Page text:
Humanz boasts a long list of guests packing the house from wall to wall and floor to ceiling, at times crowding out the host. On the top floor, Kelela and Danny Brown go back and forth on “Submission,” a buoyant jam about being beset on all sides with more than you could possibly handle. On the roof, D.R.A.M. stargazes on a gloriously light pop record called “Andromeda.” Grace Jones is there too, buried beneath dirty rock vamps and blippy reverb on “Charger.” Down on the street, Vince Staples challenges any and all takers to a foot race.
Each of the lead singles serves to build the idea of the “Spirit House,” rocking and booming with possibility. But inside, someone keeps futzing with the playlist. Humanz employs all kinds of sounds from different corners of the soundscape — there’s Nu disco, krautrock, hip-hop, noise pop, and listless dream pop like on “Busted and Blue,” the only song on which Albarn appears by his lonesome. Ultimately, and somewhat more so than Demon Days or Plastic Beach, Humanz feels a little overfull with ideas, and Albarn occasionally struggles with where exactly to put them. It feels less an album than a collection of tracks cobbled around interludes that don’t last more than 20 seconds, and that aren’t the easiest things to squeeze meaning out of. But, as ever with Gorillaz, everything is so kitschy that you have to entertain the possibility that any implacable contradiction you find might have been the point after all. One of those interludes is a statement of nonconformity, made as an oath, and repeated by a crowd of people, literally conforming.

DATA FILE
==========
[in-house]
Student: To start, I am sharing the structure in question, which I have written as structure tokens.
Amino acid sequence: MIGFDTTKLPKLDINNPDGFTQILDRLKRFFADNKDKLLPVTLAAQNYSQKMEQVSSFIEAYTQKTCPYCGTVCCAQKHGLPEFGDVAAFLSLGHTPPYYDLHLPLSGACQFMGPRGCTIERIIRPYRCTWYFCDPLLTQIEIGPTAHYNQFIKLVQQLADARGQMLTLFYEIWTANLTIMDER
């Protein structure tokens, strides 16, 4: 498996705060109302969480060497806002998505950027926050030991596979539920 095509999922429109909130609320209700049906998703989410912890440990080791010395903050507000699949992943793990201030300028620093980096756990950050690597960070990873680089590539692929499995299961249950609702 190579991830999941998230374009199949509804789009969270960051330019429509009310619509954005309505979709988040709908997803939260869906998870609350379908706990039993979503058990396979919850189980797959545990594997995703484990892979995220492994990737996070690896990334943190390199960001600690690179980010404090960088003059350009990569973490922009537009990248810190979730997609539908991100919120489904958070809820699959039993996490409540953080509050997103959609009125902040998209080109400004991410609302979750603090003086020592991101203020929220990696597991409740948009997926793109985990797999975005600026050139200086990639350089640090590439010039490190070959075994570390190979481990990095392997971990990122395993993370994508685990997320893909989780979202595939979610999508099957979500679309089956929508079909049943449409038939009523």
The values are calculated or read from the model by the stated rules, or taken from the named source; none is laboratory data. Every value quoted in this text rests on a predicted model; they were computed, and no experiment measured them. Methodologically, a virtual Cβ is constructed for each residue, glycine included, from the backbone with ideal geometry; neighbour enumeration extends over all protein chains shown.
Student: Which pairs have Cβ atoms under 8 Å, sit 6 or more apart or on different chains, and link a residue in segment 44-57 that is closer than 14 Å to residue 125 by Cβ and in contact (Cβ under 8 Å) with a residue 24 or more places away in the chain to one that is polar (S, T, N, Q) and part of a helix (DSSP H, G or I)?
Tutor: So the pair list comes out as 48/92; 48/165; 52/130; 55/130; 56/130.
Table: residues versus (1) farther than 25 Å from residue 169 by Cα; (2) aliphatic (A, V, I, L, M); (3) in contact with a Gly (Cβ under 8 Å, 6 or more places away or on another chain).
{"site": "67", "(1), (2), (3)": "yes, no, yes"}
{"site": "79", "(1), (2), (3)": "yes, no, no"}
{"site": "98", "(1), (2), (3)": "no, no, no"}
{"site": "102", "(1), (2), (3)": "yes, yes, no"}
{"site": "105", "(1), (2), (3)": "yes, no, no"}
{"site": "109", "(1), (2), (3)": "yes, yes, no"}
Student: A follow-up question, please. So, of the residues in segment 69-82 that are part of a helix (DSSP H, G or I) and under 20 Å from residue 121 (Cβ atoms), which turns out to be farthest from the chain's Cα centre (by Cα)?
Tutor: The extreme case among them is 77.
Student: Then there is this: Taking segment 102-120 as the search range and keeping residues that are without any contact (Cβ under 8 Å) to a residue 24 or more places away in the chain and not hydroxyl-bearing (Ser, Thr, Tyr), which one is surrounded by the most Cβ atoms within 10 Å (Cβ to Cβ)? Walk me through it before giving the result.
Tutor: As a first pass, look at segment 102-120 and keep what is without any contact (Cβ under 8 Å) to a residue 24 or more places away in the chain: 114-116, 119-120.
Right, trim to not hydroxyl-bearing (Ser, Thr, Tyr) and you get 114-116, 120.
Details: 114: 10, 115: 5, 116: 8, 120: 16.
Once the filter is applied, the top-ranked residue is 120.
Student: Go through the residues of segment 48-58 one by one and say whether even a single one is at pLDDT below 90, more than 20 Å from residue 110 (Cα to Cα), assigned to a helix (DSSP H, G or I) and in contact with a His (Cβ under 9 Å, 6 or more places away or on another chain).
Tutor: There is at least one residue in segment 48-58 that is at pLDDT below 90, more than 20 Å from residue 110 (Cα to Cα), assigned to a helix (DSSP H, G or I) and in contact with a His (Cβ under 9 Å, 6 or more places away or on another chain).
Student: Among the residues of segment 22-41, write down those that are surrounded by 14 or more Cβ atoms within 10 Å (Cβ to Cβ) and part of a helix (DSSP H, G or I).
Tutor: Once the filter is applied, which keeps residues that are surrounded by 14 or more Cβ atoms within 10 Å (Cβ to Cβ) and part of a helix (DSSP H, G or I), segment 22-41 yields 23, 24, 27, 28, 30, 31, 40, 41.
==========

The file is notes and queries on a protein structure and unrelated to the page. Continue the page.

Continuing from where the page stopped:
If Humanz was made for a party at the end of the world, why then shouldn’t the album itself be somewhat fraught? A good party — especially one held in spite of something — is many things, but rarely, if ever, is it orderly. And like any other function — rave, or “bash” if you’re like that — we can settle on how good it actually was tomorrow. If tomorrow ever comes.
An earlier version of this story misstated the name of a Gorillaz member. She is Noodle, not Noodlz.